Five years after she won the first runner up at MasterChef India, Shazia Khan can finally call herself a chef. Having finished a stint in front of the camera for a food channel and another for the Good Food Guide in the Middle East, Bengaluru’s very own culinary talent is spending a few busy days with two new books and a masterclass in the offing.
“One of my books is ready. It was always ready, because it focuses on food that is close to my heart. It delves into the memory of the recipes passed on to me by my grandmother and mother and takes the reader to the food that I have cooked for the people I loved,” says Shazia whose toughest critics are her two sons, aged 20 and 16 years.
For her second book, Shazia has taken upon herself the fundamentally difficult task of telling the story of Muslim cuisine in India. “After doing preliminary research, I realised that I had friends and family in all the places of historical and culinary importance. So now, all that is left for me to do is to visit these places which hide treasures of a Malabar biryani or a Mughlai kebab — to go and get a taste of the real thing and tell a story that has not been told before,” says Shazia, whose days are busy with sessions with chef friends, these days.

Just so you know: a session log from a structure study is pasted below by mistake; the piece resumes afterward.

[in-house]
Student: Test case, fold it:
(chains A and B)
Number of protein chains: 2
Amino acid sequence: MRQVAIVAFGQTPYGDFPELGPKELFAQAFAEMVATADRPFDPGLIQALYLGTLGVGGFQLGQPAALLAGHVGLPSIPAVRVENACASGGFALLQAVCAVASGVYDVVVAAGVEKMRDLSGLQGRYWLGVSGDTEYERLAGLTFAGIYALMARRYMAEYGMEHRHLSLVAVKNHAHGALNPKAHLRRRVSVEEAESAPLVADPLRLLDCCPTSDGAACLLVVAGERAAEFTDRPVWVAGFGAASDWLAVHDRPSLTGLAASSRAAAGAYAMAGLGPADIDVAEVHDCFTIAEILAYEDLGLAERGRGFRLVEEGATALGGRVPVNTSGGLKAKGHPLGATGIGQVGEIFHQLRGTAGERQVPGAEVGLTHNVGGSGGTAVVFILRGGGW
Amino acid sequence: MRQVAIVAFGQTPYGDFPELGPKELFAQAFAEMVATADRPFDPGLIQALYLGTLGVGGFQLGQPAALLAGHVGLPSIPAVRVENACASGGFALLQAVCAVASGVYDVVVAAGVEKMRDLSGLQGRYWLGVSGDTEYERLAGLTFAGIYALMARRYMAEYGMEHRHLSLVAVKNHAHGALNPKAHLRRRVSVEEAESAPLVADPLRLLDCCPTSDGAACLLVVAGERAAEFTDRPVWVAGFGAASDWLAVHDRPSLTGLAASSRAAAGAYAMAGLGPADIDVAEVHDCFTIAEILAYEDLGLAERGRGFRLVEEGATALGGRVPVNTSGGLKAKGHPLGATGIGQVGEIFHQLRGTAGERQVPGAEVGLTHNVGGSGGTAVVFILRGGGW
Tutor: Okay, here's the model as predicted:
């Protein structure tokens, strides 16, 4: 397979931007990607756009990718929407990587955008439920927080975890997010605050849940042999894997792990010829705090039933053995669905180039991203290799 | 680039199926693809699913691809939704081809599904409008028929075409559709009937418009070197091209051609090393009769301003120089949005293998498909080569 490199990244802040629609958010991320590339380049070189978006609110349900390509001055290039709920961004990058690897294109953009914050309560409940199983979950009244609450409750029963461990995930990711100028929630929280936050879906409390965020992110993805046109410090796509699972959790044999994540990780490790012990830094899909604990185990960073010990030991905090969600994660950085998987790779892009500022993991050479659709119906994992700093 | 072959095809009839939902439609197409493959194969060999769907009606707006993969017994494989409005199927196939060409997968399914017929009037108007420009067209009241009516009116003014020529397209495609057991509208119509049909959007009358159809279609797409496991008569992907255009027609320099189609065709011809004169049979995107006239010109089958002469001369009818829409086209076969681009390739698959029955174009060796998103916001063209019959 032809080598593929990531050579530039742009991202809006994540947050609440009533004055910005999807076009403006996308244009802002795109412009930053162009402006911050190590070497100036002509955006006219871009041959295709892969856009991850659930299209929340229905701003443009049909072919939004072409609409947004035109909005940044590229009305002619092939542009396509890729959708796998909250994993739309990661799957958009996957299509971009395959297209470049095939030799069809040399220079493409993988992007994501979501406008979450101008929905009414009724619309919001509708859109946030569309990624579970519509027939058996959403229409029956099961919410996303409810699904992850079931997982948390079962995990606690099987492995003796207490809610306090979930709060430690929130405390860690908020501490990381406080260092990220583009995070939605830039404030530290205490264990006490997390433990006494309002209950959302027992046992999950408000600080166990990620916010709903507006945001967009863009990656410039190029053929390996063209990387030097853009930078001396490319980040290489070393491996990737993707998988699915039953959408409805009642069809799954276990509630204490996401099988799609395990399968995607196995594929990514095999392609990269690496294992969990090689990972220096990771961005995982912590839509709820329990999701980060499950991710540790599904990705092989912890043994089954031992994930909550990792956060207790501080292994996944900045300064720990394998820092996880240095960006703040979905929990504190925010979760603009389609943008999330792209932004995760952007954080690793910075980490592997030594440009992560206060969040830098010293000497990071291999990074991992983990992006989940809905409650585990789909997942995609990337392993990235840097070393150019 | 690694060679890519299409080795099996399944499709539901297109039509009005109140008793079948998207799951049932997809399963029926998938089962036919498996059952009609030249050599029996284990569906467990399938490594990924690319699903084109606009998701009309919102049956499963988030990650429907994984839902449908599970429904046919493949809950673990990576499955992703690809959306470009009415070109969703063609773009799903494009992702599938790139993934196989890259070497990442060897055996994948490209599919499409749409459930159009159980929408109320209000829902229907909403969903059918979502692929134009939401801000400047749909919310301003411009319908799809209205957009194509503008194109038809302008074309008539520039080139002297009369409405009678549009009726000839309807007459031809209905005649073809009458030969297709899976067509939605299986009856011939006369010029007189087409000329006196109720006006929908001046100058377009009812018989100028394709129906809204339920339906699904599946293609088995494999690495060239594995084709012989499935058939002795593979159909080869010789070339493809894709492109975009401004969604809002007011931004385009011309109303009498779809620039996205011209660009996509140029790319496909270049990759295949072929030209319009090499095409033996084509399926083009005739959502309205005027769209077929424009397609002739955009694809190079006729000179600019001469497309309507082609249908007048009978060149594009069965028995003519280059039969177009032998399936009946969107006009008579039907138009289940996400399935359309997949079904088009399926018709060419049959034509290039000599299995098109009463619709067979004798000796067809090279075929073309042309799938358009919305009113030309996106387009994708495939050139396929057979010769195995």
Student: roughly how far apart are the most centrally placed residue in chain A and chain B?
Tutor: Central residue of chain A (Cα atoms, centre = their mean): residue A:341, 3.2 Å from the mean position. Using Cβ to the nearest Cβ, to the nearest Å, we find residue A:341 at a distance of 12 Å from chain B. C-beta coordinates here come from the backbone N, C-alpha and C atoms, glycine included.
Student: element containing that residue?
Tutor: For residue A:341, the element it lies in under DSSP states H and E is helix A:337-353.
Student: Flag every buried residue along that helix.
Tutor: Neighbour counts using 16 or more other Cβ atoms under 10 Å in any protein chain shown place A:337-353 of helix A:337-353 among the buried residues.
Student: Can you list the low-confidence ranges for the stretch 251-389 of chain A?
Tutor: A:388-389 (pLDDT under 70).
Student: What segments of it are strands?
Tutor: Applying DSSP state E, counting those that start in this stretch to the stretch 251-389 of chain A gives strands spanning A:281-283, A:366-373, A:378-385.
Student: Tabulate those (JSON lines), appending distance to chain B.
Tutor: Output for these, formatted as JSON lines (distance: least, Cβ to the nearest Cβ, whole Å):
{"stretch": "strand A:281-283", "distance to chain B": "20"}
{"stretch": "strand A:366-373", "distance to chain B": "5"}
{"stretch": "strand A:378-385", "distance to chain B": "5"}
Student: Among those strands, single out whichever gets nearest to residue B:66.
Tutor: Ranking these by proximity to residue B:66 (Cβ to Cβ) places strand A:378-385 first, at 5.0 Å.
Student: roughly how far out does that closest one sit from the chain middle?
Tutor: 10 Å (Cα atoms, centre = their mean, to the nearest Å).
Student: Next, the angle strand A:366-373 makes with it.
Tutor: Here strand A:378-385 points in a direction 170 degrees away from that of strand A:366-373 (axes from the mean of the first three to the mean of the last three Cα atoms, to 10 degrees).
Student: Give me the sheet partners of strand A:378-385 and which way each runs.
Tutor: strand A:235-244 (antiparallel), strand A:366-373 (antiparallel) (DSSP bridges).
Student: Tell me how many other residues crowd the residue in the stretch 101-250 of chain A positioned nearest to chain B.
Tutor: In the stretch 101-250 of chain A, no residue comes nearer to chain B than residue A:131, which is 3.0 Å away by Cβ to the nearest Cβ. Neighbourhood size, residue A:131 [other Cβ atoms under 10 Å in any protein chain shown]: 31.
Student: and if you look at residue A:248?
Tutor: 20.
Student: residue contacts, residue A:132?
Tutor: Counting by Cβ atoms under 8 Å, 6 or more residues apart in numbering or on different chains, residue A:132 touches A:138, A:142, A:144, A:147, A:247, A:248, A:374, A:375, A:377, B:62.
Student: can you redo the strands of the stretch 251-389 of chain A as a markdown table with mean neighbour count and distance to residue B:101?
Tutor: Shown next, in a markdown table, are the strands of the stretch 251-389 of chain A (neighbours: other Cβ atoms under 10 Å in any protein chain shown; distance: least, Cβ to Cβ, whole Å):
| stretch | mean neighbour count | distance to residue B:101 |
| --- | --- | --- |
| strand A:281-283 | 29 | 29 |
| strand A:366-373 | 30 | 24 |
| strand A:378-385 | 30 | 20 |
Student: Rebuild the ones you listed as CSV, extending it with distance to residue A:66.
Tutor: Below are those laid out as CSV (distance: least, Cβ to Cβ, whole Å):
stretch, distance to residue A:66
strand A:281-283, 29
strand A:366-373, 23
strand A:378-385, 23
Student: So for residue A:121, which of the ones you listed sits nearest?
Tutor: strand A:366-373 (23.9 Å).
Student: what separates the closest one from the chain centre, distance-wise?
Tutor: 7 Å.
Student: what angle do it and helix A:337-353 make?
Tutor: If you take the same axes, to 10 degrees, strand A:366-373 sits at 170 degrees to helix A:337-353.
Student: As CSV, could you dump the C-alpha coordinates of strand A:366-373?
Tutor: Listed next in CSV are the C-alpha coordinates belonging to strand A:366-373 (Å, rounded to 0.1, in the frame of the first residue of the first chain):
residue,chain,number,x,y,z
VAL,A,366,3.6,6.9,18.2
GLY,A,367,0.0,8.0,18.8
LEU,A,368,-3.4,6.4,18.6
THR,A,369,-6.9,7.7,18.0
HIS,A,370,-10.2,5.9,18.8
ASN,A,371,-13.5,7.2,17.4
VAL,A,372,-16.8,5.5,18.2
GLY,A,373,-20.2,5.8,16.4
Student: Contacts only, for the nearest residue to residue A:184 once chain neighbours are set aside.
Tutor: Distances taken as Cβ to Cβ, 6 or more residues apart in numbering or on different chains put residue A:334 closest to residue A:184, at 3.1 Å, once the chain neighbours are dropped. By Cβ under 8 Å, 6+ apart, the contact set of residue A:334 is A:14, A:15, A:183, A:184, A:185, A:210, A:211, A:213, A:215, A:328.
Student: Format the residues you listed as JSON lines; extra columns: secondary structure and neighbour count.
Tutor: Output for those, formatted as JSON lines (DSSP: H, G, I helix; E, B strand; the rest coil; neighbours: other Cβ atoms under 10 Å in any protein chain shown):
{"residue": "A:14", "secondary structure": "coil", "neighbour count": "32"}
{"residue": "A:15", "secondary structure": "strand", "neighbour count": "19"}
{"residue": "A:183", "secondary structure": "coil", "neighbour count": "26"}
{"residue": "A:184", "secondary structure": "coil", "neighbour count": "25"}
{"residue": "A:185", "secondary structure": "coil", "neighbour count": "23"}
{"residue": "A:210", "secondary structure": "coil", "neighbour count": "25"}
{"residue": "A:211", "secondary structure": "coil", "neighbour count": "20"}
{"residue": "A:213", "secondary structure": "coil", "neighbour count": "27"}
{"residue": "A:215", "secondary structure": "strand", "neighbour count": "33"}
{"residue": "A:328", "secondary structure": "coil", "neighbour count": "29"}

“I usually go over to a friend’s cooking studio these days. There we spend endless hours testing and tasting each recipe that I am to include in a book or a show. Then we photograph them and finally, dig into them. The past five years have led me into a life altering journey. I have always had a connection with food, but now I seem to have indeed become a chef, after hours of research and study,” says the woman who also manages the Delhi Public School in Bengaluru.
When it comes to her own kitchen, Shazia loves nothing more than to tuck into a plate of seafood prepared by herself. She says, “I love the texture and flavour thrown up by seafood. So I cook and eat it with equal fervour. Another kitchen favourite of mine is Thai food — for the perfect balance it throws up!”...